On March 24, 2014, an article in The Wall Street Journal (“SEC is Probing Dealings by Banks and Companies in Loan Securities”), disclosed that the Securities and Exchange Commission is investigating whether a Wall Street boom in complicated bond deals is creating new avenues for fraud.
According to the article, the SEC investigators are reportedly looking at whether banks and companies are using the bond deals to hide certain risks illegally and a parallel probe is focusing on how Wall Street banks sell the deals.
Both of these SEC investigations are homing in on a post-crisis resurgence in a type of deal called a collateralized loan obligation, or CLO, which is an investment based on pools of loans that financial firms make to companies with lower credit ratings that are sliced up, packaged and sold to deep-pocketed (and often unsuspecting) investors on the premise that they offer higher yields than other fixed-income investments tied to highly rated companies.
Sales of CLOs, which screeched to a halt in 2009, bounced back to $83 billion in the U.S. last year, according to S&P Capital IQ Leveraged Commentary & Data. So far this year, CLO issuance has reached $20.5 billion.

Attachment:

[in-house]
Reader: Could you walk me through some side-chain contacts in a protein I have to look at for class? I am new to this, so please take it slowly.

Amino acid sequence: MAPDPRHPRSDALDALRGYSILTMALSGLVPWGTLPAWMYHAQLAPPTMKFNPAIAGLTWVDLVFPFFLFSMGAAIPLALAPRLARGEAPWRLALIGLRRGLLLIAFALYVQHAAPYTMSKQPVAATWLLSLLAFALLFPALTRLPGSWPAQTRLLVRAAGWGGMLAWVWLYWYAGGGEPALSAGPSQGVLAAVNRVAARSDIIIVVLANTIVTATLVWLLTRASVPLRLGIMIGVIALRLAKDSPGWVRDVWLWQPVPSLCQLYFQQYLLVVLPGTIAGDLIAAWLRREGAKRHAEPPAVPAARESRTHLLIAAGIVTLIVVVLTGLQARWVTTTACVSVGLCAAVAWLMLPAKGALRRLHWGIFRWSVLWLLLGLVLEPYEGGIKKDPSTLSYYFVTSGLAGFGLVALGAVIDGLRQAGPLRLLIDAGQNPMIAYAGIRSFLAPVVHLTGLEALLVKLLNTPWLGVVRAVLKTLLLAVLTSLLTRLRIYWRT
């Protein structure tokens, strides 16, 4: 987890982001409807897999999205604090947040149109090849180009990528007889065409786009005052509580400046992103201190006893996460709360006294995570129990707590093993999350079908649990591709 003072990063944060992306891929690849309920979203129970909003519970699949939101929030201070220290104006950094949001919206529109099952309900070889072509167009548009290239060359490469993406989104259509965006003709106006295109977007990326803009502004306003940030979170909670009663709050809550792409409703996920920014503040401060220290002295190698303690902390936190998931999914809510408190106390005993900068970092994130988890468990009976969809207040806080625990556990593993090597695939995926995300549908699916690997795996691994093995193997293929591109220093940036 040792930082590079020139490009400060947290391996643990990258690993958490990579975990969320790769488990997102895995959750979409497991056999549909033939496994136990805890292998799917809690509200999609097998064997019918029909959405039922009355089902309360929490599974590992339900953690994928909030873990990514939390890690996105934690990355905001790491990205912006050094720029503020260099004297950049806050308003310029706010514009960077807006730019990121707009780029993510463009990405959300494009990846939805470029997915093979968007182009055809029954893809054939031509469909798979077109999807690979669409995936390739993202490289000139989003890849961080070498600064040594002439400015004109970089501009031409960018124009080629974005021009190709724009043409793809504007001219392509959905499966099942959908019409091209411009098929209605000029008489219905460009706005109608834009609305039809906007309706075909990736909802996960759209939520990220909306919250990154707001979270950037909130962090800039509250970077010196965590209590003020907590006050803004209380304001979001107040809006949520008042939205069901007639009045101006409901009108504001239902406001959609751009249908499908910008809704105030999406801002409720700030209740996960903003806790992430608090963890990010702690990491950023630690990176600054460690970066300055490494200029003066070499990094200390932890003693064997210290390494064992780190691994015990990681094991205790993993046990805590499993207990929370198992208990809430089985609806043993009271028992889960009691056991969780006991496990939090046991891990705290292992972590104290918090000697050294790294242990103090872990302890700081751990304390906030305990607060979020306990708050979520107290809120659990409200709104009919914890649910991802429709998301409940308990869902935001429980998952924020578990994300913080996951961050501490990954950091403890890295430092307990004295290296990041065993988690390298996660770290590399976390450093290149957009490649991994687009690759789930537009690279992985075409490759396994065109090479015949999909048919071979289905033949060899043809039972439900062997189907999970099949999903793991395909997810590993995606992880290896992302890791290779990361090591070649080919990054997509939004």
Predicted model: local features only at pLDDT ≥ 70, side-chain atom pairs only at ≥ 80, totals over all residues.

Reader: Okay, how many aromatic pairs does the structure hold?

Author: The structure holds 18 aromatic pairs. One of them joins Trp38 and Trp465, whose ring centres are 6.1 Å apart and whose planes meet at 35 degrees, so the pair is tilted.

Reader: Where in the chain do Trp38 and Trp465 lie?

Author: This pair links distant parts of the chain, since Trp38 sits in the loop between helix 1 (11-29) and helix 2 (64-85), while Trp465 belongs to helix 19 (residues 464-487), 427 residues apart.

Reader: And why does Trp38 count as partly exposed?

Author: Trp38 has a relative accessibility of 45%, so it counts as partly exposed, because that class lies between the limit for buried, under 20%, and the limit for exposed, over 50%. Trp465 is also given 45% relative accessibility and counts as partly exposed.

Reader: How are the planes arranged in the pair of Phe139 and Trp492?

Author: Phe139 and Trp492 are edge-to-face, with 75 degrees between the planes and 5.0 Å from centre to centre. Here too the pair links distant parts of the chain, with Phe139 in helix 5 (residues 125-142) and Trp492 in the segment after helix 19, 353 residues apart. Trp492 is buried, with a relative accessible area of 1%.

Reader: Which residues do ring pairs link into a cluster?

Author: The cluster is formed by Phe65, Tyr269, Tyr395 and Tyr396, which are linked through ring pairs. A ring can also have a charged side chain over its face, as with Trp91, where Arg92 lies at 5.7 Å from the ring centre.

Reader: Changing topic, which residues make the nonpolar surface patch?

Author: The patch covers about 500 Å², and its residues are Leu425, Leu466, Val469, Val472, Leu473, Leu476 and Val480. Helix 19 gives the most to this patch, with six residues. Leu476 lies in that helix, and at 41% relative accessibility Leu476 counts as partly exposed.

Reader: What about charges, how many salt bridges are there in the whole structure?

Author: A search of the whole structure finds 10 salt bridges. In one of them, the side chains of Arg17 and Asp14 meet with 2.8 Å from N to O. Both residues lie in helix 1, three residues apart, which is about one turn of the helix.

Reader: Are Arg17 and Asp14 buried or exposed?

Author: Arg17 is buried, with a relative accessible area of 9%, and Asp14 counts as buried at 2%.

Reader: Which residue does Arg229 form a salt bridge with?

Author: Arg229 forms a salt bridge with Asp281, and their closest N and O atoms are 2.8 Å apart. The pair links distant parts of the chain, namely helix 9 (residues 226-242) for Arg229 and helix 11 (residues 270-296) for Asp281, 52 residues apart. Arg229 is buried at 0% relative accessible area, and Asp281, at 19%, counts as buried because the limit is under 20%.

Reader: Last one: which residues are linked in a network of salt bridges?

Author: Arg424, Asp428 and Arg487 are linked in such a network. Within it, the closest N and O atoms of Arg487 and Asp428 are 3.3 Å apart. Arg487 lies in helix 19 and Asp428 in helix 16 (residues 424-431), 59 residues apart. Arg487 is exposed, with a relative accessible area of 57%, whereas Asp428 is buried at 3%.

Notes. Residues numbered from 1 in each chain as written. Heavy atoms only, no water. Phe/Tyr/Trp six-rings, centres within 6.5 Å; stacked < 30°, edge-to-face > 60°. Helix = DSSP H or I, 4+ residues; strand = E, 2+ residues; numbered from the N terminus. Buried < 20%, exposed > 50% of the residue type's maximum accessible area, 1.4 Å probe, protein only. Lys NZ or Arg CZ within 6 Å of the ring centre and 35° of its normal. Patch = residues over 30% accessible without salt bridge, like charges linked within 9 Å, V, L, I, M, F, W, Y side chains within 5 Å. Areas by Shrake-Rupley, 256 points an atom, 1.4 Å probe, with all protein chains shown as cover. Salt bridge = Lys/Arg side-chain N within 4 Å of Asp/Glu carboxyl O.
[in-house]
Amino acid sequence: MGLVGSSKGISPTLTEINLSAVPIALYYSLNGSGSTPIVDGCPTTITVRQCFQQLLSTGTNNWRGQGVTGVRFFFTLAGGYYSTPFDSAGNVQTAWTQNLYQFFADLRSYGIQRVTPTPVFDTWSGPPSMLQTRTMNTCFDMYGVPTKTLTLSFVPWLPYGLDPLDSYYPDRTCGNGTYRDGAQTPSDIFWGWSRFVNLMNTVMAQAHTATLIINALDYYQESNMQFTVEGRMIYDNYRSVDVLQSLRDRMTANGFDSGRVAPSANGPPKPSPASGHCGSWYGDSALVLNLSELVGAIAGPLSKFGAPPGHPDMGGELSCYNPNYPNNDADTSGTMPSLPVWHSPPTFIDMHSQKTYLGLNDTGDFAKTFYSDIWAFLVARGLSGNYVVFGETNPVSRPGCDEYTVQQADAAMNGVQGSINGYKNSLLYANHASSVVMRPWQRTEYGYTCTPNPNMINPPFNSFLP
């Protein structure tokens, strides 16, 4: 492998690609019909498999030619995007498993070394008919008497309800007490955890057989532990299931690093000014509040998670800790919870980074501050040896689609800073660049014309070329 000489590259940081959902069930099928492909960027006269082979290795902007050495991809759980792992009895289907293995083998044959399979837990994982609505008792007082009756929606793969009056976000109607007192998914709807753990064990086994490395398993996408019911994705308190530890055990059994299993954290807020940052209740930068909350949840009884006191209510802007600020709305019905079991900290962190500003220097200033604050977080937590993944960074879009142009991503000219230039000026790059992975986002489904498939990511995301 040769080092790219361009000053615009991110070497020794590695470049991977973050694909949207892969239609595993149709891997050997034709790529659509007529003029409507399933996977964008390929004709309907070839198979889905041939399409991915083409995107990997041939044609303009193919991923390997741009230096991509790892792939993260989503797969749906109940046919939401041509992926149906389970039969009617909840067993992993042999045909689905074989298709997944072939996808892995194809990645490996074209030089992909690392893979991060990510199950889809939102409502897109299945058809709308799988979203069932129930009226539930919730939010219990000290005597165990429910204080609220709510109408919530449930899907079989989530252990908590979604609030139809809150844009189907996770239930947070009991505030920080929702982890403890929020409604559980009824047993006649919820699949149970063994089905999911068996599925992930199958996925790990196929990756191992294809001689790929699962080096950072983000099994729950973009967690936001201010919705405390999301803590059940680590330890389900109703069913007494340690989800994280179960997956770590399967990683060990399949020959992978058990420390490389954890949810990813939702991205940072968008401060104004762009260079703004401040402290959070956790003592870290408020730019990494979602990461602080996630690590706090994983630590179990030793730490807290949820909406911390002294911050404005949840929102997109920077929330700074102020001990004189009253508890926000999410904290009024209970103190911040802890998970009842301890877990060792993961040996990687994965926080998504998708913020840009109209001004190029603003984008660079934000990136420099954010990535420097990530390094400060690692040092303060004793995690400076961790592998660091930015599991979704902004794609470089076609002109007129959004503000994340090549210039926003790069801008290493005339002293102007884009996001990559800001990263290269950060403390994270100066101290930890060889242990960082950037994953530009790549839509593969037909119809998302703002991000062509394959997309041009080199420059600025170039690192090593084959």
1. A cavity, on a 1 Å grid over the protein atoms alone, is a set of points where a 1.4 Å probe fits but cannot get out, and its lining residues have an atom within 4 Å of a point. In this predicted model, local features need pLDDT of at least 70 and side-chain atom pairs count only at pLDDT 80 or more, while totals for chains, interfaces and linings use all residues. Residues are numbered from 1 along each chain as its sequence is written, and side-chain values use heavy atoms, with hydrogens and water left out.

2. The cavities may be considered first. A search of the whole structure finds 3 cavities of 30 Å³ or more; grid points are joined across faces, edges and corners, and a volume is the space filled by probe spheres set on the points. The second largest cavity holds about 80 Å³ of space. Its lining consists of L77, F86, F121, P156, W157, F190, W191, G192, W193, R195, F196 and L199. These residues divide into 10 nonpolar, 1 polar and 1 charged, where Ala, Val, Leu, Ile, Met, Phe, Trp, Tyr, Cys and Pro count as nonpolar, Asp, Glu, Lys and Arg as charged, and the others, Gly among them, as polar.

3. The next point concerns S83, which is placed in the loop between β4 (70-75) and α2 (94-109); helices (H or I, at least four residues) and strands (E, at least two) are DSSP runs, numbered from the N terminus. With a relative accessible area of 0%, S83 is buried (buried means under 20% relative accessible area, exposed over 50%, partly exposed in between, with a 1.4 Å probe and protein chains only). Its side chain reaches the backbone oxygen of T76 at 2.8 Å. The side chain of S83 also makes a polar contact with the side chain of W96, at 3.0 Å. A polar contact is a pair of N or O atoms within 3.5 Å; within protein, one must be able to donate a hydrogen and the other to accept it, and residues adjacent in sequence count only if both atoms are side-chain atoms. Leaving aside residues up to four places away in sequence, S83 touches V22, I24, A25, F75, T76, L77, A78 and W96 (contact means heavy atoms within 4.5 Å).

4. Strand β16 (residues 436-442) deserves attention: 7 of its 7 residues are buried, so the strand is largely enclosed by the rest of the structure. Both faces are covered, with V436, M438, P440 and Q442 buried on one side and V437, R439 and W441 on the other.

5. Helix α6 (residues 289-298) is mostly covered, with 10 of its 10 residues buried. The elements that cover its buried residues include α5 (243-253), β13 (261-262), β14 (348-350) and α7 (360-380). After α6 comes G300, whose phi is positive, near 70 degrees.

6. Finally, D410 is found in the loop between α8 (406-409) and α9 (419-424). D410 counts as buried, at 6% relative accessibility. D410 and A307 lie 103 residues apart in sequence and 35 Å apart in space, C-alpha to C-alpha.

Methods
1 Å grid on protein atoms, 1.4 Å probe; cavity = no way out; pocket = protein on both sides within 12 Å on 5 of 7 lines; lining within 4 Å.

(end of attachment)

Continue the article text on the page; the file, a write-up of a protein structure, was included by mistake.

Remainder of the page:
The probe is reportedly being led the “complex financial instruments” unit of the SEC which is the same SEC enforcement unit that spearheaded the agency’s financial-crisis CDO cases.
The SEC is also reportedly expanding its investigation into whether a number of Wall Street banks are cheating clients by mispricing certain bond deals, including bonds backed by residential mortgages, which often do not trade on a transparent market. The investment banks under scrutiny in that portion of the SEC’s investigation have been identified by The Wall Street Journal to include Barclays PLC, Citigroup Inc., Deutsche Bank AG, Goldman Sachs Group Inc., Morgan Stanley, Royal Bank of Scotland Group PLC and UBS AG.